Saturday, 31 October 2009

The Magnificent Monolith


October 28


More flat red earth, dotted with desert oaks and spinifex to drive through. Every kilometre was different and every one was worth stopping to admire. The colours were dazzling.



We paid our entry into the National Park, booked into the one and only caravan park and set off to see the Olgas, now more often called Kata Tjuta. These massive chunks are conglomerate, unlike Uluru which is a particular form of ancient granite called arkose. We stopped first at a viewing area looking across towards the jumble of rocks, through groves of desert oaks. Except for these designated viewing spots, there's no opportunity to pull off the road and there are signs specifically forbidding this just in case you might try.



I liked the way that the grid to protect the dunes you cross on foot was painted to match the landscape.



And the pattern made by wind pushing sand up against the grid.



A crested pigeon eyed me hopefully as I took the obligatory photos.



Further on, we followed a short track that led into one of the gorges between the rocks.





There was still a trickle of water across the track at one point in spite of months of drought.



The curves of the rock are so voluptuous, we were not surprised to read that this was a place in aboriginal lore for "secret men's business"



Returning the 40 or so kms to Uluru, we followed the road around its base. Photos cannot capture how vast this monolith is as it towers above the plain. Naturally that doesn't stop any of us, including me, from taking our own snapshots, which look like everyone's else's snapshots, and not as good as those of the professionals.




If this was a Facebook page rather than a blog I would here insert a picture of me jumping in the air in front of Uluru. Instead I focused on some birds (kingfishers?) near a waterhole,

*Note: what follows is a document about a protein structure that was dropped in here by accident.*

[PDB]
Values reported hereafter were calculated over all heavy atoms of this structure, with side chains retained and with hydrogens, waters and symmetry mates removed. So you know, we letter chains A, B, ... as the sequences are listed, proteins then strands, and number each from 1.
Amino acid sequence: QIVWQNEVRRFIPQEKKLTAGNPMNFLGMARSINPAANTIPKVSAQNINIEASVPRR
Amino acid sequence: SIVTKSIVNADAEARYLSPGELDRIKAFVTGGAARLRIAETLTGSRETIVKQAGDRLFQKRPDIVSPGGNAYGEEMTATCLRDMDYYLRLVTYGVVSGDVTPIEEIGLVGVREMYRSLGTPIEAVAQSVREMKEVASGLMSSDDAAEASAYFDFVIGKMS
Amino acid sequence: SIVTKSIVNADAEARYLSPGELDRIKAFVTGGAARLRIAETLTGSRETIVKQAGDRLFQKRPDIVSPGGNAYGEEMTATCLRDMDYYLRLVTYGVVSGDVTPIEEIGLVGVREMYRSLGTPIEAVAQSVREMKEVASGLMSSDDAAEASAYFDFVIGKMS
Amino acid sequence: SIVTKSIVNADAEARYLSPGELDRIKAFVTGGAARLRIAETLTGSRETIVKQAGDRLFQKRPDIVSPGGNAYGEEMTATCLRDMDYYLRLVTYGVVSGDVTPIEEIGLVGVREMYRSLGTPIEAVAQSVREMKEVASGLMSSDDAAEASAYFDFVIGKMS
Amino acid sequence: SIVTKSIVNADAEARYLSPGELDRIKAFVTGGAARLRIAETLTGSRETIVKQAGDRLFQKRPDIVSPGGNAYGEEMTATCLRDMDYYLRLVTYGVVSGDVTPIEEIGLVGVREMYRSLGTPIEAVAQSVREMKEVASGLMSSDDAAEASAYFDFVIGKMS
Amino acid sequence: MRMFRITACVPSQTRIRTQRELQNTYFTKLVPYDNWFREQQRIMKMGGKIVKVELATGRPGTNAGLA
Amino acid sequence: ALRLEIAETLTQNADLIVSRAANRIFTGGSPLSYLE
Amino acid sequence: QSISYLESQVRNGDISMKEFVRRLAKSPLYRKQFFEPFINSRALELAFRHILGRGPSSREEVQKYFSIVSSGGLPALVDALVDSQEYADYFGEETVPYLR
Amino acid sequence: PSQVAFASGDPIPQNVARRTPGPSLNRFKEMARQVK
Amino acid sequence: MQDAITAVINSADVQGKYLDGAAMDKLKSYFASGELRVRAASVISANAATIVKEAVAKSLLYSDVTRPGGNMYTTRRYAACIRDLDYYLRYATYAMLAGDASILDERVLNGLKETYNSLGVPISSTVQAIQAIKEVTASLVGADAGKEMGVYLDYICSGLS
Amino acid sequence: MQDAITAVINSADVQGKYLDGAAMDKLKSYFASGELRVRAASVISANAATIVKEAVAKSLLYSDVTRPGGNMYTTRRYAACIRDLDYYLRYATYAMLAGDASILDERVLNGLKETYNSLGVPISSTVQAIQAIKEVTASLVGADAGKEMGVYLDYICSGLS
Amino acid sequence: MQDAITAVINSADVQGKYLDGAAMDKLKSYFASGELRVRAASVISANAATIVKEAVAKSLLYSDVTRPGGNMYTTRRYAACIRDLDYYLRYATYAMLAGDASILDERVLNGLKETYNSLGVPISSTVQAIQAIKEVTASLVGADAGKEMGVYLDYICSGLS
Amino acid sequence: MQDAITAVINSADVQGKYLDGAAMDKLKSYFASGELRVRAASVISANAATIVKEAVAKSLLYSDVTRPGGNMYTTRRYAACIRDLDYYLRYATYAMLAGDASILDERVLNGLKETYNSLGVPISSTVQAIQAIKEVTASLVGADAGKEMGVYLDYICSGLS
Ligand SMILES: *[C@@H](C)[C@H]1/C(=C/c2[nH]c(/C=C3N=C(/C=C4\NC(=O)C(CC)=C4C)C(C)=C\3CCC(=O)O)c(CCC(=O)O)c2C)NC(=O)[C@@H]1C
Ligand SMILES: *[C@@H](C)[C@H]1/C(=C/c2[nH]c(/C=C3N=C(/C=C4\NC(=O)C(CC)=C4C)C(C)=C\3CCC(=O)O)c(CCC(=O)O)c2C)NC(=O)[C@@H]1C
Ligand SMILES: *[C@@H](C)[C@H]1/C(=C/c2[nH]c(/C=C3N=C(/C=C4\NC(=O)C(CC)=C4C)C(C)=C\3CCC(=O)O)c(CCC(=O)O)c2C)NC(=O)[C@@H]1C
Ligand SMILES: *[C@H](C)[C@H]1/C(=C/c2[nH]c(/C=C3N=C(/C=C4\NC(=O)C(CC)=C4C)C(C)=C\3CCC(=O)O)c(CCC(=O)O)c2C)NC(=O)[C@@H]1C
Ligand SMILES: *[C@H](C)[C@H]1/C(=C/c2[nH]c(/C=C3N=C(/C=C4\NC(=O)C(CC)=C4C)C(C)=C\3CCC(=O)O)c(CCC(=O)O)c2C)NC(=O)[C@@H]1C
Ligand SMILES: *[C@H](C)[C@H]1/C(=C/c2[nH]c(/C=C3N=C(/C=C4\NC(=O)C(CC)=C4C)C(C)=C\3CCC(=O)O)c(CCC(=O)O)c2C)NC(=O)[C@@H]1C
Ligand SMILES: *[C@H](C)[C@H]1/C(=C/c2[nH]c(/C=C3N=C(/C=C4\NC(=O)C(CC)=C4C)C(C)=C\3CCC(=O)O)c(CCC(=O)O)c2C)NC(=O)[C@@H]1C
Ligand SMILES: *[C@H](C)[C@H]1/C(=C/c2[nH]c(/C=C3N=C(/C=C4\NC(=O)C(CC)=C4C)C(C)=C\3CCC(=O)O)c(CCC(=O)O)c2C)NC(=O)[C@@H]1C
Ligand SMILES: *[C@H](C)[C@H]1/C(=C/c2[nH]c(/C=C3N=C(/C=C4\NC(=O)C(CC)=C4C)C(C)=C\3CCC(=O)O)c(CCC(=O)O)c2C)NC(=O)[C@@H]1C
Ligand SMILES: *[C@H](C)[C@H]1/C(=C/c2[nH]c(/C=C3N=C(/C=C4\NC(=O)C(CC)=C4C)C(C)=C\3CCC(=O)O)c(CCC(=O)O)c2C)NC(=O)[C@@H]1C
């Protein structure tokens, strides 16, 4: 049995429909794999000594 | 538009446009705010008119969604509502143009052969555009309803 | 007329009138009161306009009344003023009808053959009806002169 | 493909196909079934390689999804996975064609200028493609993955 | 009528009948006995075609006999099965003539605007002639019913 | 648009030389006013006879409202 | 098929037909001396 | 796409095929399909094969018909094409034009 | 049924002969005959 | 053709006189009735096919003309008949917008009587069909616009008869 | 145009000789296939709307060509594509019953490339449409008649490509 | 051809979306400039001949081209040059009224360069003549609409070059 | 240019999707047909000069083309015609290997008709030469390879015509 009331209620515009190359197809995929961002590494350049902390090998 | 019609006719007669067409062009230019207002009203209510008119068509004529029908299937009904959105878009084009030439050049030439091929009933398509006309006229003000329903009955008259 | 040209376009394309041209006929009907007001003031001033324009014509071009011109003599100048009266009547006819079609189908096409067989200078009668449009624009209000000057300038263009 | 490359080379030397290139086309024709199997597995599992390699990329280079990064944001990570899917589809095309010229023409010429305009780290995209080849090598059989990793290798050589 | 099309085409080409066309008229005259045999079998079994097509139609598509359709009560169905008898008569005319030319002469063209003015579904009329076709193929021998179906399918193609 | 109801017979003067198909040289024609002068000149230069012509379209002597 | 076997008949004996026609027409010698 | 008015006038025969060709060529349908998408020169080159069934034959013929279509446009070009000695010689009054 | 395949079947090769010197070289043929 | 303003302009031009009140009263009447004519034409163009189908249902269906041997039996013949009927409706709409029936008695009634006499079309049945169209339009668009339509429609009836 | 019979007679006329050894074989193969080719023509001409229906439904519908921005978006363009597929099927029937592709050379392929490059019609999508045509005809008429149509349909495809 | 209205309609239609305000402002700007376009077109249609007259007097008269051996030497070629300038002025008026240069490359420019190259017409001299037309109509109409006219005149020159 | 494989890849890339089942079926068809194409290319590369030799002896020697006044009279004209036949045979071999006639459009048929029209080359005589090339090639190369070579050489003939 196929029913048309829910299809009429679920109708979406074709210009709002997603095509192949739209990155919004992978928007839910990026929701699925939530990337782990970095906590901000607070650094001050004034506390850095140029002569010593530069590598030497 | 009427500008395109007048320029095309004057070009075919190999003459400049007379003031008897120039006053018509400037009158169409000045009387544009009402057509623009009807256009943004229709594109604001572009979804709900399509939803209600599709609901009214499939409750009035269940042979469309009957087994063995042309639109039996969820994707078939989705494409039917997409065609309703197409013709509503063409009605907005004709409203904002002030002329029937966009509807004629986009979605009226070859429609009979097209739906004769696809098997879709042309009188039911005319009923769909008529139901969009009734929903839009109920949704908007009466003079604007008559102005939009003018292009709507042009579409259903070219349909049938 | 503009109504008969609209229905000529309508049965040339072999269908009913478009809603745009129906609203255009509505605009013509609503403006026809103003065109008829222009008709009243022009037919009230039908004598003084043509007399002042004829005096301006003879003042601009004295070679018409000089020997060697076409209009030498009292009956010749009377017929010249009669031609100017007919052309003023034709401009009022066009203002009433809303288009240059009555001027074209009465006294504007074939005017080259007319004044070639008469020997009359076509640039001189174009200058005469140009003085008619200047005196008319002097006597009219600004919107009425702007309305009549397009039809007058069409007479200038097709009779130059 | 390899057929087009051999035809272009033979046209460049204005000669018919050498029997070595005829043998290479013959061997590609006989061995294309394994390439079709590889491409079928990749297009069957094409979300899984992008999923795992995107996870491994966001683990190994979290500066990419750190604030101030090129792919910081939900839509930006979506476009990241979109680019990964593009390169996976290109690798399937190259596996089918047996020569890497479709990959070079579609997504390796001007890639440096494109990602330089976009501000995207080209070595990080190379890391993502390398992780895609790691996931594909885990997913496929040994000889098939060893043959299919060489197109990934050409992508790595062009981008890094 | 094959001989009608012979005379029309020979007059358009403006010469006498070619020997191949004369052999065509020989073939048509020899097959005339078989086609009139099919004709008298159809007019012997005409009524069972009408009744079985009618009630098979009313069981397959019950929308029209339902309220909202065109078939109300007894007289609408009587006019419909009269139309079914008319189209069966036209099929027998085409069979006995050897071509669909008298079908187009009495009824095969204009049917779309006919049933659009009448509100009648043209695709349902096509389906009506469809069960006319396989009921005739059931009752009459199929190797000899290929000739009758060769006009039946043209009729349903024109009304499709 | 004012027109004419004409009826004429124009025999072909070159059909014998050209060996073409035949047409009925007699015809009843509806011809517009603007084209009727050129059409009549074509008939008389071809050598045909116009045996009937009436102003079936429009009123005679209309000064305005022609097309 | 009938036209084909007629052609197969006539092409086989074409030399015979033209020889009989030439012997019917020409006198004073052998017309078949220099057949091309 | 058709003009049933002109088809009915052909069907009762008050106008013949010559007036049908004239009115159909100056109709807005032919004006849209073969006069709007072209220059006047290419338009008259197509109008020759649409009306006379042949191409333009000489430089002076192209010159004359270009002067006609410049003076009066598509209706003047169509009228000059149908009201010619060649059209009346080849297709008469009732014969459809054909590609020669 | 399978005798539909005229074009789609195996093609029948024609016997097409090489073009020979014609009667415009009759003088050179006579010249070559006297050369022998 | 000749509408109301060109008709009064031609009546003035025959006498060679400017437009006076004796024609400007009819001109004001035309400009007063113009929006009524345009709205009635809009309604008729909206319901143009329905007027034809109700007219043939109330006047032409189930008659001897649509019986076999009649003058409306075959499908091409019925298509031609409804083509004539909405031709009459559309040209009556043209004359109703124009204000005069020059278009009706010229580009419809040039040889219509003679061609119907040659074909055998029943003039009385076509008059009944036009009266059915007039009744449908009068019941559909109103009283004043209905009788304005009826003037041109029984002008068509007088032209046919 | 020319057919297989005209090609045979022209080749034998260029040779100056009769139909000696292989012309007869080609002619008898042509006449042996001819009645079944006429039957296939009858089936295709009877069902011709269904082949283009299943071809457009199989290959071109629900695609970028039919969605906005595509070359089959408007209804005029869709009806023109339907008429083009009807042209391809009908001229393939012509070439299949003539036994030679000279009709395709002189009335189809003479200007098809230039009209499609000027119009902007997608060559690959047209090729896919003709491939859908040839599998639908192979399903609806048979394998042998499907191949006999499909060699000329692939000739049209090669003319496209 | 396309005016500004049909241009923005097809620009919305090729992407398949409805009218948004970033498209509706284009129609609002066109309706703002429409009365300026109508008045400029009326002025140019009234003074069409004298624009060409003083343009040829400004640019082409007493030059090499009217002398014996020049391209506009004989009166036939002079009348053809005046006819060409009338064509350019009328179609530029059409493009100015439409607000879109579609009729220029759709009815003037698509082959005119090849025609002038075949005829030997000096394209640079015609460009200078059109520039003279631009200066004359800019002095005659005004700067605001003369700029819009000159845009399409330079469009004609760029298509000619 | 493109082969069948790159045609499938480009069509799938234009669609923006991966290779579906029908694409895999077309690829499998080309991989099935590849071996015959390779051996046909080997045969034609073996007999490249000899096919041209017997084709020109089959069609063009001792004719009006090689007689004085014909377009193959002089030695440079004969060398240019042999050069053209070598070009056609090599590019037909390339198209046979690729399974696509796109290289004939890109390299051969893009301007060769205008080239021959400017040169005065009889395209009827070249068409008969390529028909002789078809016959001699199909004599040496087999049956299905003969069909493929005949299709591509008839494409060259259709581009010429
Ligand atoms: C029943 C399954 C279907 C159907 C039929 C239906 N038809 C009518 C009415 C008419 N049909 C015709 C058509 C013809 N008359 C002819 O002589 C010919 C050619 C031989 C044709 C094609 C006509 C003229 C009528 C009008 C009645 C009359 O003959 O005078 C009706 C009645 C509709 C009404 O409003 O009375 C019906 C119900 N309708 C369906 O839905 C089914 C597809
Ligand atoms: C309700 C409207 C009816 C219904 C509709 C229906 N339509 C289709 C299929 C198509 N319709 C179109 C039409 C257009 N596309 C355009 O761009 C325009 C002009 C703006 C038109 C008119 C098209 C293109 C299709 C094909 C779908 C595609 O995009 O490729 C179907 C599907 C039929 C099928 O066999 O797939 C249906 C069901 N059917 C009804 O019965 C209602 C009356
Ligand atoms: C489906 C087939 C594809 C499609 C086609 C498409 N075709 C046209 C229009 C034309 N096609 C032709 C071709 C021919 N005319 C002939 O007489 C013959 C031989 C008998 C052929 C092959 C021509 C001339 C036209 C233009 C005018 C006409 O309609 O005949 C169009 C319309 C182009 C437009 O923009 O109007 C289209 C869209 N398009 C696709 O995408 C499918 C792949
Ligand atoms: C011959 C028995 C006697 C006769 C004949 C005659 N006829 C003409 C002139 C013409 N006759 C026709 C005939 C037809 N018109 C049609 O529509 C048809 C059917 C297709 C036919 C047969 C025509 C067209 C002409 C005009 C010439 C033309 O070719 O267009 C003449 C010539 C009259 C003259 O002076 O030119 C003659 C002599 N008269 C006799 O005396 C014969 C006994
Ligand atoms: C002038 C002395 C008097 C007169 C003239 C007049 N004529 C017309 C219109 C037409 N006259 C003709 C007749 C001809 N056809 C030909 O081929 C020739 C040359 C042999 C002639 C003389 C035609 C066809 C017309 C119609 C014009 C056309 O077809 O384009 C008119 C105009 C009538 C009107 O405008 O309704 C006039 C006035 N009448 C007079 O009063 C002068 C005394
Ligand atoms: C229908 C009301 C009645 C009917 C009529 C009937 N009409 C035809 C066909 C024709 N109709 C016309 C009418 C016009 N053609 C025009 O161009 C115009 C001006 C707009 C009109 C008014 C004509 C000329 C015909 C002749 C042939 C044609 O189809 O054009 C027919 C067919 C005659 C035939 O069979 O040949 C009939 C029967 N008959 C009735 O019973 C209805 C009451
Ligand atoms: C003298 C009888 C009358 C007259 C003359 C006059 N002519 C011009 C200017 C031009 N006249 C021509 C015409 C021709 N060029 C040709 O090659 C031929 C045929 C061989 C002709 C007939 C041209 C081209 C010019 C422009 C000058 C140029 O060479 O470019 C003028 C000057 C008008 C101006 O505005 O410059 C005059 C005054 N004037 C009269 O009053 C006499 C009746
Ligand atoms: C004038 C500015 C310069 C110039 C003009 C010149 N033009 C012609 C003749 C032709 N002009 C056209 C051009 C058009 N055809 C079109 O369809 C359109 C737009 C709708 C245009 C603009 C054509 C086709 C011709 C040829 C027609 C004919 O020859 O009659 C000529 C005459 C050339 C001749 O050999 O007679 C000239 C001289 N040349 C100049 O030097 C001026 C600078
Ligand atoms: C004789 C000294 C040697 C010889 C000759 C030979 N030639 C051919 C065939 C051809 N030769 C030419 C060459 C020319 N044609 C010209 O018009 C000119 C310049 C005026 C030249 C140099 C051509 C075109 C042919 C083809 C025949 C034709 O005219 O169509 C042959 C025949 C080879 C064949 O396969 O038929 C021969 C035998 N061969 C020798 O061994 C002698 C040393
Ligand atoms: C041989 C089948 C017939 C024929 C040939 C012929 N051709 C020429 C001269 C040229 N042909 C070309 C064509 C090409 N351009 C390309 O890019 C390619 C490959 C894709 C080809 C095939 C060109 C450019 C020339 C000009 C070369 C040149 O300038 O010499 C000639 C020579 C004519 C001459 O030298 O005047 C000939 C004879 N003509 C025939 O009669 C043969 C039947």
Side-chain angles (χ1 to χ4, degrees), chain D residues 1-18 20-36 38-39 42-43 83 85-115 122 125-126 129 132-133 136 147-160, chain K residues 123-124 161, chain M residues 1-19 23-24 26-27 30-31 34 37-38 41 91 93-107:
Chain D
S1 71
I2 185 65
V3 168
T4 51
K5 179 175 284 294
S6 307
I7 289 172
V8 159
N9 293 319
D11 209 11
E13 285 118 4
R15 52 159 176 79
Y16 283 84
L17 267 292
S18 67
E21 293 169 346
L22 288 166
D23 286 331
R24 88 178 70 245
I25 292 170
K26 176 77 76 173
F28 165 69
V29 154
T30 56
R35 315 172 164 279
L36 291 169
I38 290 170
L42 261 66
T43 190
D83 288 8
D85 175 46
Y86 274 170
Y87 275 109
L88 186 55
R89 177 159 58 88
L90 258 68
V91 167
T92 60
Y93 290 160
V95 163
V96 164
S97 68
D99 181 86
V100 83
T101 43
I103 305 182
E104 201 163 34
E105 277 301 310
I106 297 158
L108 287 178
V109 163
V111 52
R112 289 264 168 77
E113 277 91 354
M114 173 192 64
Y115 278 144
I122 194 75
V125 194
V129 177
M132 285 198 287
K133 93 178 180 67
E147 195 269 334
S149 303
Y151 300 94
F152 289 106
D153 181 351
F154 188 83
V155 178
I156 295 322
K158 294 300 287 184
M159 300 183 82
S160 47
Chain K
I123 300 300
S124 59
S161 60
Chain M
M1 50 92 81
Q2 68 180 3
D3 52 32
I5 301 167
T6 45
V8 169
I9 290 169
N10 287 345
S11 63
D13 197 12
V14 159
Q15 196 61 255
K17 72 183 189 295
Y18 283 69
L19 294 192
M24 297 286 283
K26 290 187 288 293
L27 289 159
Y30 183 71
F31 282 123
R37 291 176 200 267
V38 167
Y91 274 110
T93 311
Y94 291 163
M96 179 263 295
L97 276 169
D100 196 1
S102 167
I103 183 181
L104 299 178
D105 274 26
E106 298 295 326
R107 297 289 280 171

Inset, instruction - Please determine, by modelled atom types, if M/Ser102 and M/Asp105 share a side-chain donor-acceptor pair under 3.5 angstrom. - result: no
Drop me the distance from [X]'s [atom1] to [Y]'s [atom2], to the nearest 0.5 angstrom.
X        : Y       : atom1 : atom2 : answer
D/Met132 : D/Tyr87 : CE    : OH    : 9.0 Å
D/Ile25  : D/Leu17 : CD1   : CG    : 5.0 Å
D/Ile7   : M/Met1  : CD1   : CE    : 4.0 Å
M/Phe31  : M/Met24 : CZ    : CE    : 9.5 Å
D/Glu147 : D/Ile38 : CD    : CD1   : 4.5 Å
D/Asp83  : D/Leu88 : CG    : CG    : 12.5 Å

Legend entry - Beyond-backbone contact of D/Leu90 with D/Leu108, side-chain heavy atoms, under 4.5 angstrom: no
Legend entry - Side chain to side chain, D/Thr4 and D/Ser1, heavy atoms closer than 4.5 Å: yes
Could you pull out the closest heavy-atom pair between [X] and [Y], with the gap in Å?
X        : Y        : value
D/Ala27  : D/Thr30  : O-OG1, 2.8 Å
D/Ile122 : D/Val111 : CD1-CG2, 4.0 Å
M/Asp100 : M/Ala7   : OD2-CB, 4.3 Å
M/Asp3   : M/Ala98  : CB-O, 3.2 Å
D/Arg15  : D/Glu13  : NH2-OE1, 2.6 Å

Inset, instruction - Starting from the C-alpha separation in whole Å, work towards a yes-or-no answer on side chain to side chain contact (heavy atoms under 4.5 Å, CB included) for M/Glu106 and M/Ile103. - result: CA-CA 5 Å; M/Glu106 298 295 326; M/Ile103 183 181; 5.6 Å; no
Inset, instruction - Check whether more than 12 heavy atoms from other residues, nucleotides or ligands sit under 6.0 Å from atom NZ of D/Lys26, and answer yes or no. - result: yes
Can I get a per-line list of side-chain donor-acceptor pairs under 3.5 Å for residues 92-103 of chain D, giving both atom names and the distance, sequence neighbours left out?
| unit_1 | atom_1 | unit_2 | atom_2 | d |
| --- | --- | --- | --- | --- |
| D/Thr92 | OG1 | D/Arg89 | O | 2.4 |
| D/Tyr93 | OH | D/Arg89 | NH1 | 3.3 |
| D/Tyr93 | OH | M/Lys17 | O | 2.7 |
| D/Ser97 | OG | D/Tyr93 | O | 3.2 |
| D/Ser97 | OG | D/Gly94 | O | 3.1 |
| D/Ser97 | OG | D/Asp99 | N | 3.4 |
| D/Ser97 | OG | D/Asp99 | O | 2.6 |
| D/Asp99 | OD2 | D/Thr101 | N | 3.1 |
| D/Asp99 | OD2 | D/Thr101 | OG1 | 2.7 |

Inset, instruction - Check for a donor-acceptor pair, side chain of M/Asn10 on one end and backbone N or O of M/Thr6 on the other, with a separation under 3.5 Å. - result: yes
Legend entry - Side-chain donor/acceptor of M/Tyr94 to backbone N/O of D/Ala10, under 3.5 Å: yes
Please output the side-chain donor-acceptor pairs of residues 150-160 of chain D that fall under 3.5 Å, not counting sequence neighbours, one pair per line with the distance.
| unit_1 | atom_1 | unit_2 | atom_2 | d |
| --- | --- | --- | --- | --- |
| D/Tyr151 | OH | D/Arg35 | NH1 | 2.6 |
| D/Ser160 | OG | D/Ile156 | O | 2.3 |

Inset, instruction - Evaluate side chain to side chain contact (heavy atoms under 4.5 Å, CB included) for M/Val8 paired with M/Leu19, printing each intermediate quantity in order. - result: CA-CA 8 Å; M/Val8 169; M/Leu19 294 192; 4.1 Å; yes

a lone climber (most people respect the traditional owners' request that you not climb the rock),



and some of the curves and folds in the huge monolith.







The moon and a cork tree against the flank of the rock also appealed to me.



Along with many others we returned at dusk to watch the changing colour as the sun went down.




Friday, 30 October 2009

The Road to Uluru

October 27

We had a long drive to reach Curtin Springs Station, our destination for the night, just outside the huge National Park that surrounds Uluru.

We drove under dazzling blue sky, through flat land stretching away in all directions, sometimes coated with bleached yellow grasses, sometimes dotted with fan-shaped mulga trees. From time to time we saw the columnar shapes of desert oaks, like an outback version of Mediterranean cypresses. The earth varied between deep, rich terracotta, screaming orange, and pale salmon pink. After a while you simply stopped taking photographs and tried to absorb it all.





Just before the right turn onto the Lasseter Highway to head directly west, we passed Stuarts Well, and were tempted to check out the dingo.



Another time, maybe.

There was the usual kangaroo roadkill on the verges, and at one point we came upon some wedge-tailed eagles gorging themselves. They moved away a little, but only one bothered to take flight as we passed. Ho-hum, just another bunch of tourists!



Curtin Springs was about as stark a little roadhouse as any we'd come to so far. Unpowered sites were free, and also offered a minuscule amount of shade.



The toilet block was corrugated metal, spelling and grammar optional.



Showers were $2.50.



Just as shabby - maybe even more so - as the roadhouse at Ti-Tree, this one also had its annoying resident bird. Here it was an emu



that had pretensions to being an art critic.

Back to Alice Springs


October 26


In the morning we walked down to the gorge again, which looked quite different although just as beautiful in the strong sunlight.